The primary purpose of our study was to determine if there is a difference in the occurrence of hospital-acquired pressure injuries (HAPIs) and incontinence-associated dermatitis (IAD) in incontinent adults using a disposable versus reusable absorptive underpads. We also compared hospital length of stay in the 2 groups.DESIGN:
Randomized controlled trial using cluster randomization based on inpatient care unit.SUBJECTS AND SETTING:
Four hundred sixty-two patients admitted to 4 medical-surgical study units participated in the study; 252 used reusable underpads (control group) and 210 subjects used disposable underpads (intervention group). The study setting was a 711-bed acute care hospital located in Brooklyn, New York.METHODS:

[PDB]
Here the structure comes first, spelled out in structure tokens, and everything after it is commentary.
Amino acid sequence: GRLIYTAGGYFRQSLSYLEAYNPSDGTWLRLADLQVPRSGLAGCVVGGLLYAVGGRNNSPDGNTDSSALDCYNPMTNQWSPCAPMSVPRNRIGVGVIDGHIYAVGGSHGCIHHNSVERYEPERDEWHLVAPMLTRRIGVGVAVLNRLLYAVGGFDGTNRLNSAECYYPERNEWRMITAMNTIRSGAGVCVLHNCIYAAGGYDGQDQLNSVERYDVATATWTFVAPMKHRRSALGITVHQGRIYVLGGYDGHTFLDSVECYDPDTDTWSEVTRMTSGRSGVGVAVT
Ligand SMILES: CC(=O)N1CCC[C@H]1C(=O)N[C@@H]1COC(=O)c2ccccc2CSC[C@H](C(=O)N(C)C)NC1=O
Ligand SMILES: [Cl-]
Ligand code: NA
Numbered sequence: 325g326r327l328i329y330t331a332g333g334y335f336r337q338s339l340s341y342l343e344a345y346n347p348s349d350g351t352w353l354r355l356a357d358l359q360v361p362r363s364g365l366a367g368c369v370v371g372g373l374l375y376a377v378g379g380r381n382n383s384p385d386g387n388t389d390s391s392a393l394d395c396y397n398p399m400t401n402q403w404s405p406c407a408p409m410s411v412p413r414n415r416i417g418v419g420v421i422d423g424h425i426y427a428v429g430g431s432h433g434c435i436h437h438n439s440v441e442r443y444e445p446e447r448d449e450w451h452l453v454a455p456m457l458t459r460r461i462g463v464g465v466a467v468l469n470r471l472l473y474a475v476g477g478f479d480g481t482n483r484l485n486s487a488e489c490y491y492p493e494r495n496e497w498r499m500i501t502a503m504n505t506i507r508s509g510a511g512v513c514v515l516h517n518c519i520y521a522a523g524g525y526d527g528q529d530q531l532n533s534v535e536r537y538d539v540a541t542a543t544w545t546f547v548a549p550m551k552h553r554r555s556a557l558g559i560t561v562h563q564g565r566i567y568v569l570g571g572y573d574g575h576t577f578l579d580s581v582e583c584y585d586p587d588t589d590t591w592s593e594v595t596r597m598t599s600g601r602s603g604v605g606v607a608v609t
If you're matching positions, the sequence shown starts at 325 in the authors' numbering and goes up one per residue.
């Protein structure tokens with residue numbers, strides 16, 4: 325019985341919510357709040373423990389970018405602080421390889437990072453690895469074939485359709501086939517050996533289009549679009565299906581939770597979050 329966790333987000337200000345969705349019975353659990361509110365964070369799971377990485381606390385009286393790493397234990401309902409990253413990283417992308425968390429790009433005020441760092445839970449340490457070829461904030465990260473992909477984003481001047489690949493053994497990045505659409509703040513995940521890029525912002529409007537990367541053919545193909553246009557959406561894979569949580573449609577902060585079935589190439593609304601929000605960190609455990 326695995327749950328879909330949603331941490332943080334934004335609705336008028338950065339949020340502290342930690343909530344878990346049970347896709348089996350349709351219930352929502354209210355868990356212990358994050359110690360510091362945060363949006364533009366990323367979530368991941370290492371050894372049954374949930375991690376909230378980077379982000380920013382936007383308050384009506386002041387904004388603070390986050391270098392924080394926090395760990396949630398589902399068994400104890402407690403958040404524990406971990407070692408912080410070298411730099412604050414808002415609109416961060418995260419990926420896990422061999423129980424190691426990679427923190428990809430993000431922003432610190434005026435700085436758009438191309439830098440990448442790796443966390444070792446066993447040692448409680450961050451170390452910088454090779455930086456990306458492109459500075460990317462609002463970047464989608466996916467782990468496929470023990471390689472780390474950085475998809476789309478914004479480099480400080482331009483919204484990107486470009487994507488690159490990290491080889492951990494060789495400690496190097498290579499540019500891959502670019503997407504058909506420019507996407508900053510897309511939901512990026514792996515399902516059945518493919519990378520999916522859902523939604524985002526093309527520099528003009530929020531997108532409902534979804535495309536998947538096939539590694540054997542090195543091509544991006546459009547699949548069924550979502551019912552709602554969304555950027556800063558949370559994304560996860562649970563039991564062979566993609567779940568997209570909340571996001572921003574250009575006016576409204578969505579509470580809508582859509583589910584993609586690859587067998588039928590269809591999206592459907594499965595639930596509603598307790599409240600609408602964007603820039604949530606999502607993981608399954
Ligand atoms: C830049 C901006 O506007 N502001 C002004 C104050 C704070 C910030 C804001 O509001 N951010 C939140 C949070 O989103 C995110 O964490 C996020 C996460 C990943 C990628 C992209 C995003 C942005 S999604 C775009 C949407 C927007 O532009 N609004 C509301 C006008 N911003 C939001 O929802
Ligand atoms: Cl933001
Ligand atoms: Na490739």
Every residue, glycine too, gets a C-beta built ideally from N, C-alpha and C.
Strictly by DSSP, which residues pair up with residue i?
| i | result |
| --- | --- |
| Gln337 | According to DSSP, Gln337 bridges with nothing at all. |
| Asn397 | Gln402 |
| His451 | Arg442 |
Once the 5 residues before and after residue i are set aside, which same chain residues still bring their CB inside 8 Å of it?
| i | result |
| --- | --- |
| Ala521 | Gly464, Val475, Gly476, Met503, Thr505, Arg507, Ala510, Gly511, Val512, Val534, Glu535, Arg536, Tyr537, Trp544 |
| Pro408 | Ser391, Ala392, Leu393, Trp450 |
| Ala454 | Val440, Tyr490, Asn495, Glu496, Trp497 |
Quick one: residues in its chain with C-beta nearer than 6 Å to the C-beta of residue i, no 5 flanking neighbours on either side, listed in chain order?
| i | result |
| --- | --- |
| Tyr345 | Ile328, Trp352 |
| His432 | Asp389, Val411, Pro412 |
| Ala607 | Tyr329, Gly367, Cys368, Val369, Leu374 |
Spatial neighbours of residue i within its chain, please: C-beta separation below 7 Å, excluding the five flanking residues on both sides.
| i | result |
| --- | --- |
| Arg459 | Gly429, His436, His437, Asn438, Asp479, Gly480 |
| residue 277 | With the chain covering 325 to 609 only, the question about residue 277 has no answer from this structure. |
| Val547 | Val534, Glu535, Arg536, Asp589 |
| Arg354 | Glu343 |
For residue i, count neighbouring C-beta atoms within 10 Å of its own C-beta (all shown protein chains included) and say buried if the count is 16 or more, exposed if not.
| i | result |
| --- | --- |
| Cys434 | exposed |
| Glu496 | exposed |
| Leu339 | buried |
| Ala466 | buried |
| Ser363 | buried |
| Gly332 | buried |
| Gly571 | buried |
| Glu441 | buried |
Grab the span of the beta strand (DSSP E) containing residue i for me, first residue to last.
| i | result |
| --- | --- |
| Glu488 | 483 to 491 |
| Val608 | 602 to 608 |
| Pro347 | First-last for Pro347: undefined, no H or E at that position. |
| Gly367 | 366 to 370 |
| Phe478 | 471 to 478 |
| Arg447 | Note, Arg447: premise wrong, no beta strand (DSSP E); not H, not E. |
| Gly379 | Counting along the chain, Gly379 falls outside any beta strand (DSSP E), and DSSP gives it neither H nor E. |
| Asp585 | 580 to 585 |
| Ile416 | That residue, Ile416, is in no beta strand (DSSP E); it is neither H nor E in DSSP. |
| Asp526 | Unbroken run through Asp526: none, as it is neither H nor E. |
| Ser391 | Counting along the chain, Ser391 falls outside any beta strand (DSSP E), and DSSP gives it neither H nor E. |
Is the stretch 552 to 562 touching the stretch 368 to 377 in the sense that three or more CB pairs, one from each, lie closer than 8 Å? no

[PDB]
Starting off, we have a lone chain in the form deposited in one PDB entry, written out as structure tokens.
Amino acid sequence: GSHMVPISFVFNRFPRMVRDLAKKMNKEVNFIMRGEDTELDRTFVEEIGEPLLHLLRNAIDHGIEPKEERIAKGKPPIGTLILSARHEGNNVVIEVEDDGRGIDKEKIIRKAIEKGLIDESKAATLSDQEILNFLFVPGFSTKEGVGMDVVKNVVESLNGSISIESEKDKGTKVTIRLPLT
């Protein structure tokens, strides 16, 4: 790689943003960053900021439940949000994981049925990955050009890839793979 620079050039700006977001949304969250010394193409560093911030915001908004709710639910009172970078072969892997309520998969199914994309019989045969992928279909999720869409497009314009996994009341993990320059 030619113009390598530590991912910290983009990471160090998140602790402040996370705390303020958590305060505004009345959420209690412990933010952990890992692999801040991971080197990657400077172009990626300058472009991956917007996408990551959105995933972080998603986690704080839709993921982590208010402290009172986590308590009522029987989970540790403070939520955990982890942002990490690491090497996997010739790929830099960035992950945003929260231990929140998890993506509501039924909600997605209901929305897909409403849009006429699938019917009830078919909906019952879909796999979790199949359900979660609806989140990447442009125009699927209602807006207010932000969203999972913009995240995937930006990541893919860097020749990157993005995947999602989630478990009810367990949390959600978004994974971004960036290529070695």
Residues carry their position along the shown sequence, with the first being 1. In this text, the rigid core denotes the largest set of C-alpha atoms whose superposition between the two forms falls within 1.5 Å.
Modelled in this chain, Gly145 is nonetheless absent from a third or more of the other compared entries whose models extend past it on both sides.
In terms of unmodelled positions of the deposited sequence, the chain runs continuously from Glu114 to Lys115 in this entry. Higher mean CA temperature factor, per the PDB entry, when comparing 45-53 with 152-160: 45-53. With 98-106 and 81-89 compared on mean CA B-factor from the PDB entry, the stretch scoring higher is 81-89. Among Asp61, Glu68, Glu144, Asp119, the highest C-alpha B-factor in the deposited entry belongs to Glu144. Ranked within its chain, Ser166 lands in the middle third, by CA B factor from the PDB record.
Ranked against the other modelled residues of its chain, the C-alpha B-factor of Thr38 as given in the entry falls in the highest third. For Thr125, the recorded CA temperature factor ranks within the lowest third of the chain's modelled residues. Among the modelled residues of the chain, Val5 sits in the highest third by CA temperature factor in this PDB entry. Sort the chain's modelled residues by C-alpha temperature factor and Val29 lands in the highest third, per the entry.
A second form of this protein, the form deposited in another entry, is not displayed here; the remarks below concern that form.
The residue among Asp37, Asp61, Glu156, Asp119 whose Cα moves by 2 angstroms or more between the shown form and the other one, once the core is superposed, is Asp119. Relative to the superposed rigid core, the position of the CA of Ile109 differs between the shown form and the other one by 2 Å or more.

Two units were randomly allocated to use disposable incontinence pads, and the remaining 2 units used standard, reusable incontinence pads. Data for PI and IAD occurrences were collected weekly by specially trained RNs (skin care champions) on the assigned units. A 2-level hierarchical linear model was used to analyze the effects of the intervention on primary and secondary outcomes separately from any effects of the unit of randomization.RESULTS:
HAPIs were significantly lower in the disposable underpads group: 5% versus 12% (P = .02). Rates of hospital IAD were not significantly different between the groups (P = .22). Analysis of a secondary outcome, hospital length of stay, was also lower in patients who used disposable underpads (6 days vs 8 days; P = .02).CONCLUSIONS:
Findings suggest that use of disposable incontinence pads reduces HAPI but not IAD occurrences. The effect of disposable, absorbent incontinence pads should be considered when initiating a hospital-wide skin and PI prevention and treatment plan.